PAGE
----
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September 21, 2022

For information on enrollment and registration at Notre Dame, an independent, Catholic, International Baccalaureate school, please visit the admissions section of our website here.

Award-winning alum says Notre Dame Prep truly is a caring, Catholic community that looks after students long after they graduate.

Notre Dame Prep alum Bill Holland NDP'00 is with two of his Communicator Awards from the Academy of Interactive & Visual Arts earned for work on social media PSAs for the American Dental Association.

It’s always similar and familiar refrains we hear from Notre Dame graduates. “I would not be where I am today without my Notre Dame education.” “Notre Dame taught me the value of hard work.” “The high academics at Notre Dame made college so much easier for me.” And on and on we hear virtually the same thing from nearly every grad.
Add 2000 Notre Dame Prep alum and artist and film/video producer Bill Holland to that list. 
“As much as the workload at Notre Dame often seemed overwhelming, it totally prepared me for tackling the seemingly impossible tasks I was faced with in college,” said Holland. “I found that as a college student, Prep had prepared me well for the reading workload and extensive projects that every class would demand. There were times, as a high school student, that the amount of reading almost seemed impossible to tackle, but when I got to college the reason became clear.”

College for Holland was Northern Michigan University, where he received a bachelor's degree in digital cinema. Since then he's been plying his trade in and around the Chicago area working for himself and for a number of high-end creative agencies doing video work and computer animation. 

He and his wife, Kelly, currently live in Milwaukee, which keeps the bills affordable and Chicago's culture, nightlife and business climate close enough. 

He's a busy guy and even though he's not in metro Detroit anymore and many miles from Pontiac, Holland says his ties to Notre Dame Prep and its Catholic community remain strong. He recently agreed to an interview from his high school alma mater and discussed his career, his award-winning work and why he holds a special place in his heart for NDP.

The interview has been edited for length and clarity.

NOTRE DAME PREP: Which company/ies have you been working for or with since 2018 when we last spoke?

BILL HOLLAND: I was with the American Dental Association for four years after a long run as a freelance motion designer/videographer/and editor running my own company. The ADA made me a surprise offer I really could not refuse, and so I went on to be their lead motion designer. I was their first in-house motion designer, so there was a lot to do in terms of building a motion and animation workflow. While I was there, our team won numerous awards for our video production work. This summer, I got news that I was awarded two Silver Telly Awards for my work on social media PSAs for the ADA Seal, which you are probably familiar with from your toothpaste, floss, mouthwash and the iconic Home Alone drug store scene.

NDP: What was your work experience like during COVID?

HOLLAND: During the pandemic, we had a pretty large layoff at ADA that saw our creative team lose some people, and unfortunately, I was one of them. Graciously, I had a period of many months before I was officially let go, so I had time to start a new LLC and get some client work lined up. After I left the ADA, I worked with Rusty Dog Productions on several really cool projects (which I can't talk about here), worked on some motion graphics for the Home Depot online catalog and storyboarded and animated some social media videos for Xfinity Gaming through GMR Marketing in Wisconsin. I also jumped onboard, at the last minute, to help design and create motion graphics for political ads during the historic Georgia runoff election.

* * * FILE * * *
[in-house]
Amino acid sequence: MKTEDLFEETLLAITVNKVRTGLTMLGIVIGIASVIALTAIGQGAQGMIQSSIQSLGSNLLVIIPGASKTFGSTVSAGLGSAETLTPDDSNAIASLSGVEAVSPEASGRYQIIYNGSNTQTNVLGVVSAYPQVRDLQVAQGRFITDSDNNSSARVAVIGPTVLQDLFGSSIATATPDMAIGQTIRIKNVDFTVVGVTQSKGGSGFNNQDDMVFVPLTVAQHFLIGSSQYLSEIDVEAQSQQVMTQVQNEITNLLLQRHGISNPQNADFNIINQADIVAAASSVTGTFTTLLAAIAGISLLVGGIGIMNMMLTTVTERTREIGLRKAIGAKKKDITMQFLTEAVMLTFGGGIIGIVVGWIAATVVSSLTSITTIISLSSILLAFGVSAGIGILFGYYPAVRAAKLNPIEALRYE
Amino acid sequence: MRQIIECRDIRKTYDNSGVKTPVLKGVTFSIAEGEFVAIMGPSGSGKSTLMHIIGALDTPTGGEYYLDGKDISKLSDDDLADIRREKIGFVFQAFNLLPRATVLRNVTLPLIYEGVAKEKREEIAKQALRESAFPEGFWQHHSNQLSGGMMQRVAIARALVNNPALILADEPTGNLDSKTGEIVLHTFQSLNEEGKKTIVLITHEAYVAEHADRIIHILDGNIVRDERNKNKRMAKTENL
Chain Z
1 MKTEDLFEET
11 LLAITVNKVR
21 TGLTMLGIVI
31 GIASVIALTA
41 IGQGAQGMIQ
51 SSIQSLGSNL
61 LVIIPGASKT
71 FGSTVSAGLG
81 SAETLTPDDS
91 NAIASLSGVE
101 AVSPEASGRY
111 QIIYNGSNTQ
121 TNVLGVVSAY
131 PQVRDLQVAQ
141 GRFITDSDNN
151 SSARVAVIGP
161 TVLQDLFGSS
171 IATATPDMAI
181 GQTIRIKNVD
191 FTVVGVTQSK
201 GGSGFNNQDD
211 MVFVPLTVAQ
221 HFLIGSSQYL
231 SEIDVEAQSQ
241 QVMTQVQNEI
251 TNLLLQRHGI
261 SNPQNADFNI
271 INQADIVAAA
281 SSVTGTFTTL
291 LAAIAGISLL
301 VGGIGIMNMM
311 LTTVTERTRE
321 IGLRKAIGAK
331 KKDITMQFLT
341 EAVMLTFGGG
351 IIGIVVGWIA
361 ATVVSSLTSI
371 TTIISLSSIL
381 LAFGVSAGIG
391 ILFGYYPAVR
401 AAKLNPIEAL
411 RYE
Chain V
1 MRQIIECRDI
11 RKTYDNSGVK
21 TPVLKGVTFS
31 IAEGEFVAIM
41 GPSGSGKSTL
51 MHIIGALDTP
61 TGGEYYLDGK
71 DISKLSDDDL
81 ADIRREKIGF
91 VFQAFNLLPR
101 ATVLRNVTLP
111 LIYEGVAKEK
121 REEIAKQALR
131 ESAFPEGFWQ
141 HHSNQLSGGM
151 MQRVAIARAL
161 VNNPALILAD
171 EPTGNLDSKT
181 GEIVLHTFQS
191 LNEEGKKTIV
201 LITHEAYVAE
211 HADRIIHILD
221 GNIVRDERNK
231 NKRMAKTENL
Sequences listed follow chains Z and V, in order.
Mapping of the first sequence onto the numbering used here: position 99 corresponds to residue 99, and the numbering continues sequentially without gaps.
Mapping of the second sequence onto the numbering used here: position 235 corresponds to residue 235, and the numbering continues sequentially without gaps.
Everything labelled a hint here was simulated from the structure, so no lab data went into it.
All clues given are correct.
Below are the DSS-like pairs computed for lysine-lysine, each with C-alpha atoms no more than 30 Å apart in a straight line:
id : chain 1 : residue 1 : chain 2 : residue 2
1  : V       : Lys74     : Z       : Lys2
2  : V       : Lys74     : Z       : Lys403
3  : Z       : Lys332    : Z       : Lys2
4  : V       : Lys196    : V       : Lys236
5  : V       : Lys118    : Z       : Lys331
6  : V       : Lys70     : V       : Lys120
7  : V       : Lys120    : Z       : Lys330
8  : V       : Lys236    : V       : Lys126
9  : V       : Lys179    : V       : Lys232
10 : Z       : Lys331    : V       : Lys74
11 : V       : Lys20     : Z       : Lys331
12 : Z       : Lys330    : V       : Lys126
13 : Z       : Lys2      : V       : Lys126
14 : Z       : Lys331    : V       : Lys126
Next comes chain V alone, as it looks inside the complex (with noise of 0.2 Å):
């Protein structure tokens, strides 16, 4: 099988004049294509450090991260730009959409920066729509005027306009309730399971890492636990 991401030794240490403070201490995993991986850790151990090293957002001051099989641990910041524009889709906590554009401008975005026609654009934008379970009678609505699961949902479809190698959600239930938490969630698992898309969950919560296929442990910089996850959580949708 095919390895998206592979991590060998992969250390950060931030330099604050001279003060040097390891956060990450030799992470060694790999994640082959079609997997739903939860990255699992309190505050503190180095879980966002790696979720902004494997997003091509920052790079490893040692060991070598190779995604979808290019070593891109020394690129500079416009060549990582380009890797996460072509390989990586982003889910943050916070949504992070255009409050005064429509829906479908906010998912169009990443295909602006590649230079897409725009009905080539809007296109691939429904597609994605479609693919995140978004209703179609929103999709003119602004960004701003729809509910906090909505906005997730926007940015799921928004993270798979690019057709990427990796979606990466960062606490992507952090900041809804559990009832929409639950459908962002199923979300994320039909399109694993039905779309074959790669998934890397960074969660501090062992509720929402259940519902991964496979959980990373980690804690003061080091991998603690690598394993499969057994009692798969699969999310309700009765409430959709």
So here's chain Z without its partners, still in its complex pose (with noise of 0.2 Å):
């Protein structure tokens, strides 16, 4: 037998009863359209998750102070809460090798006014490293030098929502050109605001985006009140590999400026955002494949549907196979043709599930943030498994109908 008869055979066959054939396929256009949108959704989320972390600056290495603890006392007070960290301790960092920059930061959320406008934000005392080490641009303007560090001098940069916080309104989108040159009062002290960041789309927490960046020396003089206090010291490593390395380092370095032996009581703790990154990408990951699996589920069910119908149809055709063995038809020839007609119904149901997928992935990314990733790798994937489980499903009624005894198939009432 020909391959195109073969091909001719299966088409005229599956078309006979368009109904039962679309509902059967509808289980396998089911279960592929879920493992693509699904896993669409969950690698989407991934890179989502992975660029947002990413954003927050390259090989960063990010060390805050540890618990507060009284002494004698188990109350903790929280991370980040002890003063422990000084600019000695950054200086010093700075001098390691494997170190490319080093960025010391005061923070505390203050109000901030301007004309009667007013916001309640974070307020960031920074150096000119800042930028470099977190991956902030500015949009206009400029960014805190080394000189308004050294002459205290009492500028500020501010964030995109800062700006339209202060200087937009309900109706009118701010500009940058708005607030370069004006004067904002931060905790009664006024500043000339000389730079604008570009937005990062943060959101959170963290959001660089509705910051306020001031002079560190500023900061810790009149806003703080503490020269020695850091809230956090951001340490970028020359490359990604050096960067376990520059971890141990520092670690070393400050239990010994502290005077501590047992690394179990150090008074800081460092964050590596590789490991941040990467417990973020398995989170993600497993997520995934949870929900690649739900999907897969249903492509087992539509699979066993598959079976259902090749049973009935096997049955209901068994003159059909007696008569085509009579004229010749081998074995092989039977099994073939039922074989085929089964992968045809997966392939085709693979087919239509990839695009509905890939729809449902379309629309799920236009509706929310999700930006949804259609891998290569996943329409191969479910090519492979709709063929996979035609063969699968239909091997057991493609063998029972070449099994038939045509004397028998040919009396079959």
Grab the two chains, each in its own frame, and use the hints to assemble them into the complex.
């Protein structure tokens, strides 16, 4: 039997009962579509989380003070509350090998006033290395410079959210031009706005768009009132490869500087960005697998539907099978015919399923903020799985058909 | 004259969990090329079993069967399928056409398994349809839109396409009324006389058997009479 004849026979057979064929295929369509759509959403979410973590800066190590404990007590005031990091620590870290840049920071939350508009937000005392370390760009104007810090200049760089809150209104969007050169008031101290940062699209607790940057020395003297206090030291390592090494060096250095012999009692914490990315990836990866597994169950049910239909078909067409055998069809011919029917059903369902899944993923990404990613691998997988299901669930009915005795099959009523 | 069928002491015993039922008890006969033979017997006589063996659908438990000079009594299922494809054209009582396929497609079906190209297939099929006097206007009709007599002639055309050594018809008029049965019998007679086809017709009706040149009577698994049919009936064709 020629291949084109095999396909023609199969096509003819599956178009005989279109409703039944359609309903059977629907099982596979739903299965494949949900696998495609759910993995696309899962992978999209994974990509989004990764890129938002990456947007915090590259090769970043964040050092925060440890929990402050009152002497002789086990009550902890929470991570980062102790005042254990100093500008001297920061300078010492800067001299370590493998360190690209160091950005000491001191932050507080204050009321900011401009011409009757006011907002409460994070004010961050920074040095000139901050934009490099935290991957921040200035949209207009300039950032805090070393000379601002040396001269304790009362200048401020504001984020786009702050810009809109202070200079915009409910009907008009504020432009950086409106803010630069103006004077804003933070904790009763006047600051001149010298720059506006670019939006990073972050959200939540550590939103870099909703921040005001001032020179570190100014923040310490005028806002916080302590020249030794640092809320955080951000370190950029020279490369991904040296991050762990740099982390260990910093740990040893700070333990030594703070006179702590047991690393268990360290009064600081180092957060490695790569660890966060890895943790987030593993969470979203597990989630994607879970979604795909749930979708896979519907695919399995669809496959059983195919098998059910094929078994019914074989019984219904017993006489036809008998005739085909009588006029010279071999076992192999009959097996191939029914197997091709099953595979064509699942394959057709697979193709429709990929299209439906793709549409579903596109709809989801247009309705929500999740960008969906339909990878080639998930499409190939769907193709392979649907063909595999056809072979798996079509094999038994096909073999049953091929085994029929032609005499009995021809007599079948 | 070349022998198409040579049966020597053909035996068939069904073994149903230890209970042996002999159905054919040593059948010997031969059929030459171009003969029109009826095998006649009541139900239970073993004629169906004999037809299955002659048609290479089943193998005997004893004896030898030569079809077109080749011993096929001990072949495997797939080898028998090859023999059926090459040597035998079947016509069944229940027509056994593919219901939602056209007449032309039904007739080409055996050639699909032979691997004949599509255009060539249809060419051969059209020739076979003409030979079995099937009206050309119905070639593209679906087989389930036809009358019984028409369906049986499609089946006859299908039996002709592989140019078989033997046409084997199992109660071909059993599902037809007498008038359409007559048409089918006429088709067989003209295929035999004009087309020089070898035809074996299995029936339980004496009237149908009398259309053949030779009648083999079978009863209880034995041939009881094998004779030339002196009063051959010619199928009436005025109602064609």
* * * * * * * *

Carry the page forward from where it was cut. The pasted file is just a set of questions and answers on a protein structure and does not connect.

Holland worked on the concept designs that were used to create a futuristic cityscape for the company Verses.

NDP: I heard you also worked for a San Francisco firm. Still with them?

HOLLAND: Yep. In September of 2021, I was up in Marquette, Michigan, for a wedding, and I got to talking to a few of the guests there. One of the groom's good friends worked for a company in San Francisco, and she mentioned that they were looking for motion graphics designers. I submitted my resume and reel, did an interview, and suddenly I had a full-time job again. We're about to hit the one-year mark, but I've worked on some really interesting architecture films in that brief timespan. These are essentially sales and pitch videos that present a dynamic overview of proposed architecture projects. I've worked on architectural visualization for projects primarily in the Bay Area, but our company also has offices in New York, Chicago and Boston. We also occasionally step away from architecture and into film and TV work, most recognizably for America's Test Kitchen. More recently, I did concept designs that were used by our 3D team to create a very cool futuristic cityscape for the company Verses. I also helped develop the storyboards for a new project from Lane Partners called Berkeley Commons, located in Berkeley, California, as well as creating motion graphics for their B Street South project

NDP: Separately, have you exhibited any of your work?

HOLLAND: In November, 2021, my illustration work was featured in an exhibition at the Design Museum of Chicago, titled "All Together Now." The show included works revolving around sound, music and music marketing. I submitted several poster designs that I had been commissioned to create for a local immersive performance and music night in Chicago. To my surprise, they accepted all four. It was quite the experience to have my first gallery show in years at a large, downtown museum. 

NDP: You said you live in Wisconsin now. Where specifically?